In the absence of regulatory guidance, the threshold of ≥ 33% was based on our analysis of previous IgPro20 clinical studies and consultations with physicians in the field of PID.

#### Responder Analysis

The primary study endpoint was to determine responder rates at every infusion parameter level. Each infusion parameter level was tested for 4 weeks, and then responders were switched to the next level. Non-responders continued IgPro20 administration at the highest previously tolerated infusion parameter level for the remainder of the study period, and safety data were collected.

#### Safety and Tolerability

Duration of exposure was calculated irrespective of response status (i.e., duration of exposure within an infusion parameter level was considered for both responders and non-responders).

Secondary endpoints included the safety and tolerability of IgPro20 infusions with high infusion parameters. Treatment-emergent AEs (TEAEs) were evaluated in each cohort. Patients reported AEs in eDiaries/backup paper diaries, by phone call, or during site visits. All reported events were evaluated by medical site staff to determine if the event constituted an AE; if so, the AE was entered into the electronic case report form. The number of patients who discontinued study drug administration due to TEAEs was also evaluated. TEAEs were summarized using data up to a patient’s non-response at a particular parameter level. Safety data collected after non-response were excluded from analyses of TEAEs carried out under forced upward titration conditions. The frequency and intensity of TEAEs were characterized.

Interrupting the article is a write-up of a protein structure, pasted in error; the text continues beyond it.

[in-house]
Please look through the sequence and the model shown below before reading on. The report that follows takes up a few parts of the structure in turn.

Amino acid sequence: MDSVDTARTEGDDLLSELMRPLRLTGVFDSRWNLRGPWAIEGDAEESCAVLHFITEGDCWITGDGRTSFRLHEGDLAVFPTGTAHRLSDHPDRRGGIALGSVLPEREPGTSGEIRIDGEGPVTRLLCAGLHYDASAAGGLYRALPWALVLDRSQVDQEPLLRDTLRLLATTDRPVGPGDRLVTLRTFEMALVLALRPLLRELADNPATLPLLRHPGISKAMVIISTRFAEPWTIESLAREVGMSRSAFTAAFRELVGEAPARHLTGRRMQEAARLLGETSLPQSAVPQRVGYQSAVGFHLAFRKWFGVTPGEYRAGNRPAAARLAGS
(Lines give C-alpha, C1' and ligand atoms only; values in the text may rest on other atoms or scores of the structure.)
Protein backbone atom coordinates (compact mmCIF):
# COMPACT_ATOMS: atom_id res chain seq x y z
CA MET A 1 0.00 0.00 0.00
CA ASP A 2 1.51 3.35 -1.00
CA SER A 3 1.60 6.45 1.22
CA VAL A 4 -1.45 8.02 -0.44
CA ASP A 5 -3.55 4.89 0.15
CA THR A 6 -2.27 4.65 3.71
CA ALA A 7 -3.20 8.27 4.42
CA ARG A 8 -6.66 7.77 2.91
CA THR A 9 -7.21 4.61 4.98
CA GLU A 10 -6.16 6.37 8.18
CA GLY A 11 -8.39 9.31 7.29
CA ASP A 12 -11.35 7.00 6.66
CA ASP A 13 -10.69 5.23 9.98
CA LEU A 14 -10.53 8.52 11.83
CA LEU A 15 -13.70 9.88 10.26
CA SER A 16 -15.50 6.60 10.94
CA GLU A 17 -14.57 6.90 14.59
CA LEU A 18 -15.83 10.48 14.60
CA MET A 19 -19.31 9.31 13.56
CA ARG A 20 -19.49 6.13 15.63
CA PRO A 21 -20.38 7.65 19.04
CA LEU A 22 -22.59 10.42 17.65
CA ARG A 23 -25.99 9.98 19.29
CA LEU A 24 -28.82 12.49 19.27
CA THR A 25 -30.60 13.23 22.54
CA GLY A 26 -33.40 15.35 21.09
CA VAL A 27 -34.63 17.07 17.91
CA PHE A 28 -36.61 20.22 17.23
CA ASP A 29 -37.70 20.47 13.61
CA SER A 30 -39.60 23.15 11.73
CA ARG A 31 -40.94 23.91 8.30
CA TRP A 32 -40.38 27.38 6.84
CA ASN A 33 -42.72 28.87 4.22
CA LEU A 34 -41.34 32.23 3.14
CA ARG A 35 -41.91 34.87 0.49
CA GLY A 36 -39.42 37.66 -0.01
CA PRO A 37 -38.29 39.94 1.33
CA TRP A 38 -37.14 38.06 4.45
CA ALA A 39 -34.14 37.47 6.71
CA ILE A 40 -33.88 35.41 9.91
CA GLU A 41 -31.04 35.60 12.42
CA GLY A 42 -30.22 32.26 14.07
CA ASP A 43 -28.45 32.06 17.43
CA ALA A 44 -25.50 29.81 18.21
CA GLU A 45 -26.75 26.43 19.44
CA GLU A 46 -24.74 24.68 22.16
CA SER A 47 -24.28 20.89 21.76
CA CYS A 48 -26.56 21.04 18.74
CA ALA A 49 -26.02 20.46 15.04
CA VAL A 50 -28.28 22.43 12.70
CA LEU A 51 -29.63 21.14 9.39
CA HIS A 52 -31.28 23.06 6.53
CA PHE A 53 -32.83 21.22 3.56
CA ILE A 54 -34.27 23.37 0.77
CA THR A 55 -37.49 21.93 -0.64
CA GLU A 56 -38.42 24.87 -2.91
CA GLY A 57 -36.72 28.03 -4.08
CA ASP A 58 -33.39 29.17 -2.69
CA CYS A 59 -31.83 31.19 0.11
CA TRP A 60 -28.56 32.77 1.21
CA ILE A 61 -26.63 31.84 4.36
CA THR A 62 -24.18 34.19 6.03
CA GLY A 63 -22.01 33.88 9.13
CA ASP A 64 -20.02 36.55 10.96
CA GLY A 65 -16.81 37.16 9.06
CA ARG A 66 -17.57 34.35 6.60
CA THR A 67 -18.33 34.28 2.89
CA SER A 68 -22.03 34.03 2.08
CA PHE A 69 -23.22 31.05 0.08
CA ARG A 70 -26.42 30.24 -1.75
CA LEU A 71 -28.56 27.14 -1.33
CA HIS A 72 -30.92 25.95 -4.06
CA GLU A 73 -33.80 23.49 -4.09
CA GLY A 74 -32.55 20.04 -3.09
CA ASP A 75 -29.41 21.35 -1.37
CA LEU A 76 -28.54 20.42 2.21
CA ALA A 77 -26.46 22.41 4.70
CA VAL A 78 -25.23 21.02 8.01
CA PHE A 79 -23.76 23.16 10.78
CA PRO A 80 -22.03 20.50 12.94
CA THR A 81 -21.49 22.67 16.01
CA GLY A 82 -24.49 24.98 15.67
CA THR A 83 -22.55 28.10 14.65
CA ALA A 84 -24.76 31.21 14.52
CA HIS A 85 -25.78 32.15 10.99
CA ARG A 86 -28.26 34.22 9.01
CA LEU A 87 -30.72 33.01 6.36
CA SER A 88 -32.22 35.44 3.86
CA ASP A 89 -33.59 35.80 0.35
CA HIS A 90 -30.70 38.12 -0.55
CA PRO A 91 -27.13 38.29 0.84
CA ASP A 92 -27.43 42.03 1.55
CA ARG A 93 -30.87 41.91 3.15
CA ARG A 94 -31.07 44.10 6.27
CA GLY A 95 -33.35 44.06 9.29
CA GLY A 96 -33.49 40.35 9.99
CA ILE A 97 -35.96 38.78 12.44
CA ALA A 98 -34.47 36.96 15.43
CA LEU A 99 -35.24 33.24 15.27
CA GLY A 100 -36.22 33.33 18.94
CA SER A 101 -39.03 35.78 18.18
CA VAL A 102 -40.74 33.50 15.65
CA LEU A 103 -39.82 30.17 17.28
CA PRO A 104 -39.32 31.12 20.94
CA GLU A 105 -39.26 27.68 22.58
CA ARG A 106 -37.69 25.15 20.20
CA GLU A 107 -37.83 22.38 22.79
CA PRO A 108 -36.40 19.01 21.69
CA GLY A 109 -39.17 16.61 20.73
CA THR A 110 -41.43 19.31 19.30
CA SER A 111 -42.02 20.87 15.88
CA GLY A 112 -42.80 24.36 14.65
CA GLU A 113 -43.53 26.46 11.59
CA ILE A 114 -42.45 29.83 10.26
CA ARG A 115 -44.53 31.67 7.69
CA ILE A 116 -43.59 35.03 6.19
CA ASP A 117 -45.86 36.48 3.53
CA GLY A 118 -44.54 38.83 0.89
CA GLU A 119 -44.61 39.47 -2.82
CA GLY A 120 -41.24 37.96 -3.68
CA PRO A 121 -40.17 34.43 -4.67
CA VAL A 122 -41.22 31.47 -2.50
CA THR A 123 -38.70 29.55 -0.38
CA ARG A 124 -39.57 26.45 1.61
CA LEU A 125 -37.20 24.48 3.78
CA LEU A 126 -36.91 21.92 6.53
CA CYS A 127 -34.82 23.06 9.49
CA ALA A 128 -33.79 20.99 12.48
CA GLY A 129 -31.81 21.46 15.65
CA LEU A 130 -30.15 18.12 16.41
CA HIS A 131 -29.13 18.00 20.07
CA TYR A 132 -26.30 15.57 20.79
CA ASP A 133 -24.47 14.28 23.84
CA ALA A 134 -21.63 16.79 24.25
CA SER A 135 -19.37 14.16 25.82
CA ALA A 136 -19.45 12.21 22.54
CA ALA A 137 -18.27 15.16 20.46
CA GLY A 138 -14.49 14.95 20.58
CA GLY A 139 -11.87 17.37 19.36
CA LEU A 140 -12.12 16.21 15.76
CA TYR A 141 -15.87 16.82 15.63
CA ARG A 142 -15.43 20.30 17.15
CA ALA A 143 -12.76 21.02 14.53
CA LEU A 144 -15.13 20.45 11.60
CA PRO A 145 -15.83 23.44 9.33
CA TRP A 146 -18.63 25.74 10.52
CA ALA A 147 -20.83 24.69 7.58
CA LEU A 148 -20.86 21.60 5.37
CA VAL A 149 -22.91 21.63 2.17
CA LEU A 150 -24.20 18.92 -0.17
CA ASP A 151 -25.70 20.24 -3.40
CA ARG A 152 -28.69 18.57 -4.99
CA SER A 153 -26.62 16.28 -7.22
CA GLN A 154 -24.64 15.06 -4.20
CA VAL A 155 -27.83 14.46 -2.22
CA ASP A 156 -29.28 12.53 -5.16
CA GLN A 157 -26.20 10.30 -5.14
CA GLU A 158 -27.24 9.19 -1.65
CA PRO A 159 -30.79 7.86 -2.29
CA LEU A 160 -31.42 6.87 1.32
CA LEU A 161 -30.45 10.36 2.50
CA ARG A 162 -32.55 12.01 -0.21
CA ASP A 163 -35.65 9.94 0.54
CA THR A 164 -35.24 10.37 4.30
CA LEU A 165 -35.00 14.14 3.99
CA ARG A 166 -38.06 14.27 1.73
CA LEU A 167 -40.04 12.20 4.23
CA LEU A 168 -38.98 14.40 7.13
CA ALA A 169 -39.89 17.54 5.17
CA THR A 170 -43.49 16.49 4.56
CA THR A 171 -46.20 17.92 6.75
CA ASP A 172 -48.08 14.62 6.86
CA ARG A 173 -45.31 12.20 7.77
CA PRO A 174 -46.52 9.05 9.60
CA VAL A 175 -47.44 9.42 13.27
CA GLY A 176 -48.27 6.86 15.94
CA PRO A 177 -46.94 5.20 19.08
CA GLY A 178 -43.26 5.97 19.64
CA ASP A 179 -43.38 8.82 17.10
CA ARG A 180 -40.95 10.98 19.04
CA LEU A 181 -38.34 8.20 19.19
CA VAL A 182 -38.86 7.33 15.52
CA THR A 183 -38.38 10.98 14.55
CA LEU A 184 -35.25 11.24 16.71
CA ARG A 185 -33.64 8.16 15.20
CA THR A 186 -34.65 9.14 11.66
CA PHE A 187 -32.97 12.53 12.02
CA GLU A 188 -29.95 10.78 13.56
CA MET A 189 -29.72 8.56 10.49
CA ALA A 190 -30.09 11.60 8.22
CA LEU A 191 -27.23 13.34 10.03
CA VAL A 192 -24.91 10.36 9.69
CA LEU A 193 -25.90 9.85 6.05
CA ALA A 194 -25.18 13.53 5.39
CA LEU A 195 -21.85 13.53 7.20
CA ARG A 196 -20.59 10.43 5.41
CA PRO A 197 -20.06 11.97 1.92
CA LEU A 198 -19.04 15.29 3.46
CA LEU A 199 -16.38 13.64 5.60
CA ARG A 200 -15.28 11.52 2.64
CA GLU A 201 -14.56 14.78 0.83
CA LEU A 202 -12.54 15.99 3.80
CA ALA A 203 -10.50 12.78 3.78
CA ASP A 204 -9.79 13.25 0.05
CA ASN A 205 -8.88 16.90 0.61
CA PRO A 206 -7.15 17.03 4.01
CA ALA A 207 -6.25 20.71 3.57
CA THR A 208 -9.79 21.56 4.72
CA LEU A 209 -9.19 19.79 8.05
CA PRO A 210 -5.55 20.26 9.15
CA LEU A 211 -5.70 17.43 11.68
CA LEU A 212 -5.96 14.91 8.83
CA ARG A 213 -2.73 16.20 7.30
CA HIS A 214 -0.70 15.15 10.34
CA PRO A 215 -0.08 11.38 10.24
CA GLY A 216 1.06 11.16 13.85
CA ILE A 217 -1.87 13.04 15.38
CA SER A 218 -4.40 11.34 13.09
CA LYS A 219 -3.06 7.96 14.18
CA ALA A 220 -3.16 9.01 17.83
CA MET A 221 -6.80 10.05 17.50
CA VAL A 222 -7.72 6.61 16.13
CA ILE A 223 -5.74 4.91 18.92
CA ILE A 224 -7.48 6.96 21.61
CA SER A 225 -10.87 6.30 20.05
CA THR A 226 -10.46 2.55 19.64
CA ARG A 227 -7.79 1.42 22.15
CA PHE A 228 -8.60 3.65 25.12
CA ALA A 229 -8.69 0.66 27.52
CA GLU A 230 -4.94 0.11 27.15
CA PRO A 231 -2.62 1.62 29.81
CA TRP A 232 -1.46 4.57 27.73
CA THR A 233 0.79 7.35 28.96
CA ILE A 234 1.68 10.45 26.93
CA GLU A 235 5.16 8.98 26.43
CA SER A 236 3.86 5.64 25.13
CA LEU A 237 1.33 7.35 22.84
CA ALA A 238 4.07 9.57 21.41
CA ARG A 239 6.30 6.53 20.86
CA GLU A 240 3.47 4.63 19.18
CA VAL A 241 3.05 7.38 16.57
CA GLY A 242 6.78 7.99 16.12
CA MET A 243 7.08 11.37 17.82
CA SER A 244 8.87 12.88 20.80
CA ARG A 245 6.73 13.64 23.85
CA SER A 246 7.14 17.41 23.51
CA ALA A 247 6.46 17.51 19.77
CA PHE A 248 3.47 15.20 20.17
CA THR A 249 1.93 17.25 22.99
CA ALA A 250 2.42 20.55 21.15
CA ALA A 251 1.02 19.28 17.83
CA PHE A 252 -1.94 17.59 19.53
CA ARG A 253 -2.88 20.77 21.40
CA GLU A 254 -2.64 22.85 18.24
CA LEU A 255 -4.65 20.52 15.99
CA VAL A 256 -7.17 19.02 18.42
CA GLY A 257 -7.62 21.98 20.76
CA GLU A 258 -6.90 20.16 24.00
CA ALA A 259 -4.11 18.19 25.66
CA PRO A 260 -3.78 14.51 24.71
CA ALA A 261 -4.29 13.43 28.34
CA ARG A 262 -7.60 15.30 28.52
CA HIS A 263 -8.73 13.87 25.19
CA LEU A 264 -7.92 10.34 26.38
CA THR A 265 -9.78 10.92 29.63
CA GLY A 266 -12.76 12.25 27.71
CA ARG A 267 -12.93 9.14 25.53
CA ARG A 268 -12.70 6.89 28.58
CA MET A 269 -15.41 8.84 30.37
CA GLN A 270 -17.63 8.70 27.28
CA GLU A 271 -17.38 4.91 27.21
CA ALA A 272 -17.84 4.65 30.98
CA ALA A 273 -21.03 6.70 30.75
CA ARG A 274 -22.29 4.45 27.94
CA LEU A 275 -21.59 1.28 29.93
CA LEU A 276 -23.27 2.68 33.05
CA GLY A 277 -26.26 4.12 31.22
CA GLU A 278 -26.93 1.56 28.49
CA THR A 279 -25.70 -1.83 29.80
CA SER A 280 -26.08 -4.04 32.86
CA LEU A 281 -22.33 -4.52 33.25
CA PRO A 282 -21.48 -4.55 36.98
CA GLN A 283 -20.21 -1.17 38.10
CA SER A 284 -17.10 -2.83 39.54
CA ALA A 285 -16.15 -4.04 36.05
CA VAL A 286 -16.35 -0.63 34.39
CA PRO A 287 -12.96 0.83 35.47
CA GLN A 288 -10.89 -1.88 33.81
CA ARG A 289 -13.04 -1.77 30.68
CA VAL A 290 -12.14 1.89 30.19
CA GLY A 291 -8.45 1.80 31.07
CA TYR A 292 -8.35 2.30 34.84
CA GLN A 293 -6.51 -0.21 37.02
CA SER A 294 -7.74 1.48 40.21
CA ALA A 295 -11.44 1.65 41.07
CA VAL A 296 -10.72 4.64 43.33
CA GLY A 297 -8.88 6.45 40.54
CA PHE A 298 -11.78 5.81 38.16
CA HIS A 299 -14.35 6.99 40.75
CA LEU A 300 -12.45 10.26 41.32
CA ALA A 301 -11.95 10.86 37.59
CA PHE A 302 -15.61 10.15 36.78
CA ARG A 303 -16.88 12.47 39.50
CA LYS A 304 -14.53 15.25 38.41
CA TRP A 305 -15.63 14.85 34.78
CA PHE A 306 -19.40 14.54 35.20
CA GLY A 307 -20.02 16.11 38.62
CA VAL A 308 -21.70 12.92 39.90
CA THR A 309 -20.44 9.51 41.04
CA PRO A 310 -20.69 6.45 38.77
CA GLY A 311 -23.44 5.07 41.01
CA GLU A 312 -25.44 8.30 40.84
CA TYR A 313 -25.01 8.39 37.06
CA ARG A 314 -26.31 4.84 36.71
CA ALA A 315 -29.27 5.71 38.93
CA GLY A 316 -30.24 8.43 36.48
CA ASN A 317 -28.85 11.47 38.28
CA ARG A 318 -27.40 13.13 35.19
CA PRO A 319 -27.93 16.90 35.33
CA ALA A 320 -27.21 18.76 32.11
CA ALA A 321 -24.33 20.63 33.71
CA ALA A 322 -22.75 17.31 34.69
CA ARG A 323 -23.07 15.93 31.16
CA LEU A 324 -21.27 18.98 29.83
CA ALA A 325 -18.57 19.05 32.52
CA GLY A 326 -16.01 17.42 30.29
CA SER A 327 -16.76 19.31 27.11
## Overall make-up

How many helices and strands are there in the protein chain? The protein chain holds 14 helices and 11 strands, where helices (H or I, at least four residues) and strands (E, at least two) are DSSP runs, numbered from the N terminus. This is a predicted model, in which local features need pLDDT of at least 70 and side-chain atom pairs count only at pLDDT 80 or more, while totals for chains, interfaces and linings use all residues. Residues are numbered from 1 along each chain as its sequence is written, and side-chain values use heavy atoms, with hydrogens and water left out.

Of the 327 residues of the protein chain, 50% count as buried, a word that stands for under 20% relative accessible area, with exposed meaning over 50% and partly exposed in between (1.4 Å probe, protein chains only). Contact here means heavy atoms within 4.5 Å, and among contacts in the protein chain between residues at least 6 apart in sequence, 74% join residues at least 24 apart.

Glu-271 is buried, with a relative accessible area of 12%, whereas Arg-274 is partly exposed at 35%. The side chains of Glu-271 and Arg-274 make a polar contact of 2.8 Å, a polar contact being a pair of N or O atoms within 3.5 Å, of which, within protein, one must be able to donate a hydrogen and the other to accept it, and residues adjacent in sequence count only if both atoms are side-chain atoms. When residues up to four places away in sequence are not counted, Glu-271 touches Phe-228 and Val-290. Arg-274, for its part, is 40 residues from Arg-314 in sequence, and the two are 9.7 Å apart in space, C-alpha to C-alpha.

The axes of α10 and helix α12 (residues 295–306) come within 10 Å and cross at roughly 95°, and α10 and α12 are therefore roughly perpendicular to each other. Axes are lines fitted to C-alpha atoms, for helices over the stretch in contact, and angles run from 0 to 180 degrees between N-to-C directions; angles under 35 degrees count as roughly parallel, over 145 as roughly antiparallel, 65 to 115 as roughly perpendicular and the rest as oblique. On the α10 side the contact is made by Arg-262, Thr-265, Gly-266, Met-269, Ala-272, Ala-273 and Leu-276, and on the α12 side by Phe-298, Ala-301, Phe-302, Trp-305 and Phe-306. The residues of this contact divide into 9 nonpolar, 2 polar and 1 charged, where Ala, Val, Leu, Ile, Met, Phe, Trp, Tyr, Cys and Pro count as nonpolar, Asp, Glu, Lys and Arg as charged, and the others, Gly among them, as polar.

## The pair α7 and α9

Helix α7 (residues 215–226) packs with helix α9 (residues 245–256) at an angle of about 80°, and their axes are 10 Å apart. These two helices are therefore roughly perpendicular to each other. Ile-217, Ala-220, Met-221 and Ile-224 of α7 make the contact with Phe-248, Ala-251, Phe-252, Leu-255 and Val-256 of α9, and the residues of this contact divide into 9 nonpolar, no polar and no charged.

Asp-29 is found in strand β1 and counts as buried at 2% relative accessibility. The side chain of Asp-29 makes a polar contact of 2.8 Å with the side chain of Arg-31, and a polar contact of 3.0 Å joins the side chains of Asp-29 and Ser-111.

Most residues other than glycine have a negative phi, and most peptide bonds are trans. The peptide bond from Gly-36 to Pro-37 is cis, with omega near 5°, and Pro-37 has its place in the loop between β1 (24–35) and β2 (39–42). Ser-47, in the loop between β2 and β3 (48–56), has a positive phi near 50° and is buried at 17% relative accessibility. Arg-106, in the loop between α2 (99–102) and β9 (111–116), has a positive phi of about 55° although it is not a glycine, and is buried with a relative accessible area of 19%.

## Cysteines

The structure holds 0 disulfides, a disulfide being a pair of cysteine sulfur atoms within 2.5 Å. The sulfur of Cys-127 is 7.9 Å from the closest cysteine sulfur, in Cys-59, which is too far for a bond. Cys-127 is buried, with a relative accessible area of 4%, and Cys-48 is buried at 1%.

Tolerability was defined as the number of infusions achieved without severe local reactions divided by the total number of infusions, irrespective of infusion validity; tolerability of 100% corresponded to the most favorable tolerability outcome with no severe local reactions.

### Efficacy Assessments

The exploratory objective of the study included assessment of the serum IgG concentrations as a surrogate efficacy endpoint at baseline (day 1) and at the end-of-study visit.

### Statistical Analysis